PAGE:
De Fermo - Launegild 2018
We drink from Abruzzo from De Fermo winery a bottle of Launegild Chardonnay from 2018.
Abruzzo is located in the middle of Italy on the far side of the boot east of Rome. Vines are grown there on an area of over 33,000 hectares. By Italian standards, this is not even particularly large, as in Sicily, for example, there are over 100 thousand hectares of vines. To put that in perspective, the largest wine-growing area in Germany, Rheinhessen, has just under 27,000 hectares. Where Abruzzo comes out on top in the Italian comparison is the average yield per hectare. Today’s De Fermo winery plays only a tiny supporting role in these statistics. After a long tradition dating back to 1785 and an intermittent hiatus since the 1950s, the winery was only revived in 2008. The around 17 hectares of vines stand at about 300 meters above sea level and are farmed organically. The wines bottled with little sulfur without filtration or fining. The Chardonnay we are tasting this time is allowed to age in tonneau for one year after the spontaneous fermentation.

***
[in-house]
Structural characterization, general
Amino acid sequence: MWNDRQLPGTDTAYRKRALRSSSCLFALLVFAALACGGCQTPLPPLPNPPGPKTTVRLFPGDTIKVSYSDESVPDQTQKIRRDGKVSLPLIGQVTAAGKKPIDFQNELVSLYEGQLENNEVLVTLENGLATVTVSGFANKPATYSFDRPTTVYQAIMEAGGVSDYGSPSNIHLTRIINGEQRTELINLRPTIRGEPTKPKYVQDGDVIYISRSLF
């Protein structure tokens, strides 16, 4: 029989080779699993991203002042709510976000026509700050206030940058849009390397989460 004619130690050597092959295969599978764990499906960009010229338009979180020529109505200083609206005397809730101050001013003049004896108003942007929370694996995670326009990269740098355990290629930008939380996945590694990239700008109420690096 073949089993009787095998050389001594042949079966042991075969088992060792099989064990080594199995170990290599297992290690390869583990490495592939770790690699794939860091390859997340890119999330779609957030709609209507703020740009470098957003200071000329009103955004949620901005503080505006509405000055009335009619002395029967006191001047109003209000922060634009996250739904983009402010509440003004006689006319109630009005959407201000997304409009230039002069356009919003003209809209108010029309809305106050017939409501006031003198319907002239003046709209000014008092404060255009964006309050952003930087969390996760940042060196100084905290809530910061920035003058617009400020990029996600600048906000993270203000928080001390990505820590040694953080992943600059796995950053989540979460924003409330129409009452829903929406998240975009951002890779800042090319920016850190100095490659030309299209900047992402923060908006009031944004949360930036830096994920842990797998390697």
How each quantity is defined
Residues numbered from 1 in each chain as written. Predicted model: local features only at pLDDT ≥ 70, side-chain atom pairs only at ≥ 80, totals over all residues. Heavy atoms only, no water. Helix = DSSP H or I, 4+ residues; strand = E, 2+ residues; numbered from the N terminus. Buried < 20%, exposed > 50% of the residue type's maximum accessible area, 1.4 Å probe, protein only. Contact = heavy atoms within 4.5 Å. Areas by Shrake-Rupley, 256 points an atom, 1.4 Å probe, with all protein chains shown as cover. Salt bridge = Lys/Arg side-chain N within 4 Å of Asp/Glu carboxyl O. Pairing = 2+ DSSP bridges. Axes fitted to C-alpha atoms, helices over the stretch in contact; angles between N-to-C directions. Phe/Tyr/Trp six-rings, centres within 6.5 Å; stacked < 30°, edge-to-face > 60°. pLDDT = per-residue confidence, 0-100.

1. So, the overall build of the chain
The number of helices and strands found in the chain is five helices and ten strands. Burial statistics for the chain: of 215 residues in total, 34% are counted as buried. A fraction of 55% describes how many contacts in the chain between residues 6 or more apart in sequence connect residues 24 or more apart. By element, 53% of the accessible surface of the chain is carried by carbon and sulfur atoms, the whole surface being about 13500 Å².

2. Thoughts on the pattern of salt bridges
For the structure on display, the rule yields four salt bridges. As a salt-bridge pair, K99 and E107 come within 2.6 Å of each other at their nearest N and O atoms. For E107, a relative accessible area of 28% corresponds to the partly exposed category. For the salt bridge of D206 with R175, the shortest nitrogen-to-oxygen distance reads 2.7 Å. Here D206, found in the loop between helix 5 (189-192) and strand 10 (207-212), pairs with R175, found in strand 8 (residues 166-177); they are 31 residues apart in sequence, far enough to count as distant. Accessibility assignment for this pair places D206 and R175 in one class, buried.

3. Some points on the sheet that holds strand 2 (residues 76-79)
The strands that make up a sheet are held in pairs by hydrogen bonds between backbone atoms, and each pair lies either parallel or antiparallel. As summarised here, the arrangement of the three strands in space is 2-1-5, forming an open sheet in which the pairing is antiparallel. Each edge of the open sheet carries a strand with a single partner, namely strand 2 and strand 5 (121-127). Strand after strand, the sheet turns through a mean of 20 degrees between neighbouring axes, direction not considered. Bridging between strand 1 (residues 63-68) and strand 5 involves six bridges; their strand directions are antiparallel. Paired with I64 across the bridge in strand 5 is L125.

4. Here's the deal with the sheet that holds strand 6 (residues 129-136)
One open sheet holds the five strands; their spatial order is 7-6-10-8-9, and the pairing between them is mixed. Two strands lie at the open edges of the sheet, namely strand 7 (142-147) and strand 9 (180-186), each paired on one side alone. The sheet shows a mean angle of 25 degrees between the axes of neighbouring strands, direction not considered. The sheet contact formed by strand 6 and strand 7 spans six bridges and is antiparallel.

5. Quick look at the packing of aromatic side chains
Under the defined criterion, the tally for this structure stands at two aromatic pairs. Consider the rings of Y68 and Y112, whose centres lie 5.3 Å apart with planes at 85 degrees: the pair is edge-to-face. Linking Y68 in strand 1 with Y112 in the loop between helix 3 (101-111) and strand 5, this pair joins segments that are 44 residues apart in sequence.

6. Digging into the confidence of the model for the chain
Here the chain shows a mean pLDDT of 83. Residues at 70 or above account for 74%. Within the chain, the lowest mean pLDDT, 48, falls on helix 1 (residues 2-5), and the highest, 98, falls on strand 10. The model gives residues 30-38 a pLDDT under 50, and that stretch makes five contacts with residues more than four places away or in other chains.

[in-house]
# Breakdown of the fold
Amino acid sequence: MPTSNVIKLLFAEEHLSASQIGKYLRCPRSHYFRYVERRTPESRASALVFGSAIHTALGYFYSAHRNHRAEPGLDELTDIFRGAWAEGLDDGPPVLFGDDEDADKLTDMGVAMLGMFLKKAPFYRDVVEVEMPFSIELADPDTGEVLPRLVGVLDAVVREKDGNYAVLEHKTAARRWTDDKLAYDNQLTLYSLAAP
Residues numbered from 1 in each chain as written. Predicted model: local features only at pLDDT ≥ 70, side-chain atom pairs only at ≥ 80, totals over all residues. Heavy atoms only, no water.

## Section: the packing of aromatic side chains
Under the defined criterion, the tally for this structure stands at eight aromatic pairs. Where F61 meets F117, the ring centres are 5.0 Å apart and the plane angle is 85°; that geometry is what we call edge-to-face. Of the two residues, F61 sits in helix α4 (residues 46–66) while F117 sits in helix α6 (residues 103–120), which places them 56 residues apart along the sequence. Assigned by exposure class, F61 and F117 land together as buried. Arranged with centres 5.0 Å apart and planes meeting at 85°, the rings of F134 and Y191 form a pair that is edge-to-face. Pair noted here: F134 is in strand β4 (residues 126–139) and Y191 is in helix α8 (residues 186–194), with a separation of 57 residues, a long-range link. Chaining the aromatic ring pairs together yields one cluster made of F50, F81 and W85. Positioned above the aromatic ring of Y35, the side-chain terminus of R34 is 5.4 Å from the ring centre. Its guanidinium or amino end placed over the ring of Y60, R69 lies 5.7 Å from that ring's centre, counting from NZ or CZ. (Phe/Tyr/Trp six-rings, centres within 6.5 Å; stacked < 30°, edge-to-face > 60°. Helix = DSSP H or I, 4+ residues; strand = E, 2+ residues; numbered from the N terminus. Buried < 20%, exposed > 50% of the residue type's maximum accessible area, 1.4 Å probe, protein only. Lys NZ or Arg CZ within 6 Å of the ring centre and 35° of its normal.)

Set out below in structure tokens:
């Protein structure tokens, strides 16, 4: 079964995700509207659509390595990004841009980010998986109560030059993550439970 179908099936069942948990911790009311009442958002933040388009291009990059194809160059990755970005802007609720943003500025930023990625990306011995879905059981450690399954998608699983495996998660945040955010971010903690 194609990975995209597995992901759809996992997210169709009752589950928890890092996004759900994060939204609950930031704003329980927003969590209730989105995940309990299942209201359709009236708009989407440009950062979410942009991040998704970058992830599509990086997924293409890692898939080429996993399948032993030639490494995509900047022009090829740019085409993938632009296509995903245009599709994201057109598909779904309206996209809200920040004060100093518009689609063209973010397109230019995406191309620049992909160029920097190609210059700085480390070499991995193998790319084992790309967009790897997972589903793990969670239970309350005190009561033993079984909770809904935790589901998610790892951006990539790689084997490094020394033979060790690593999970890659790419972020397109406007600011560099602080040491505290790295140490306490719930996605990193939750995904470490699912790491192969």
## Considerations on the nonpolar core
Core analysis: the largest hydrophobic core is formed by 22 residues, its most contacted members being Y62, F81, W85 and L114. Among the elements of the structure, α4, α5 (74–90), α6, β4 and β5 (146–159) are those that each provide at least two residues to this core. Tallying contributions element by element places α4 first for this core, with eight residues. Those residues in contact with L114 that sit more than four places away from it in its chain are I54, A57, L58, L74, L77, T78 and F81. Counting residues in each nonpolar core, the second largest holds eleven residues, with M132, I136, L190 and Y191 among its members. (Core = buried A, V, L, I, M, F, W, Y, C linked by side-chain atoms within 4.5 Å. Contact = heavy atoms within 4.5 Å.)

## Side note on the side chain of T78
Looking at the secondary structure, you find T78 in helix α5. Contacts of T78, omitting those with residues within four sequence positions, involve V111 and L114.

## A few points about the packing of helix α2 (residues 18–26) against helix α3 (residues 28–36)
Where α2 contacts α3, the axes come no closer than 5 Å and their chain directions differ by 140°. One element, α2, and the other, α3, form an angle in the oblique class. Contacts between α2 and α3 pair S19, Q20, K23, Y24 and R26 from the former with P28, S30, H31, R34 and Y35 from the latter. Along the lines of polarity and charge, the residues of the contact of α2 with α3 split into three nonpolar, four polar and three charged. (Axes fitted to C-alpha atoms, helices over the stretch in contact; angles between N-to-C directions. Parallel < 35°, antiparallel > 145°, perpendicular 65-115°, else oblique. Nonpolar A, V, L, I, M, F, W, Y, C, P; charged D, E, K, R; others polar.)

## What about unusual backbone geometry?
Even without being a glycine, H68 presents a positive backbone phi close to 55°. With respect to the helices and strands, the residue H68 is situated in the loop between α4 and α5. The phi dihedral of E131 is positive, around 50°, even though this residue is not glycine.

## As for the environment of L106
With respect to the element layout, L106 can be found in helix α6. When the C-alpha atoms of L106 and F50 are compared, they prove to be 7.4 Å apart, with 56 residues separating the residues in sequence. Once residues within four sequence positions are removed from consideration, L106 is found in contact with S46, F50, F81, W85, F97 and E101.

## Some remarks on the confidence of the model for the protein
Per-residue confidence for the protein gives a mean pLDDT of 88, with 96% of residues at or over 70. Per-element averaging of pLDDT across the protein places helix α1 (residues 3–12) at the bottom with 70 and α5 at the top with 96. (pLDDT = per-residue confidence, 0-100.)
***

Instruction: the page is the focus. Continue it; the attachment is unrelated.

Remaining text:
The first moments after opening, however, it is quite a stinker. Hardly any fruit, some nut and lots of reduction on the nose. On the tongue creamy, fresh but also still a bit featureless. There is some pit fruit on the nose, but it doesn’t really get fruity. You can also smell the wooden barrel. With air and slurping, it becomes more structured on the tongue and, interestingly, loses a large part of its creaminess. Instead, it clearly gains in tension. This is certainly also due to the fact that the acidity has developed much more bite in the meantime. We find it quite funny that much more fruit remains in the empty glass than you can smell directly in the wine. There it reminds then above all of lime.
Even after a night in the refrigerator, there is still plenty of reduction. Some nail polish remover, a slight woody note and the unripe walnut give each other a hand. The fruit is practically non-existent. On the tongue, it comes across as focused, juicy and with plenty of pull. It still benefits from air and time in the glass and is therefore almost guaranteed to improve with some time in the cellar too. Nevertheless, we like it a lot right now. It could be a bit longer though. But that is grumbling at a high level. I would not have suspected this kind of reductive Chardonnay in Italy. However, it seems to fit very well there.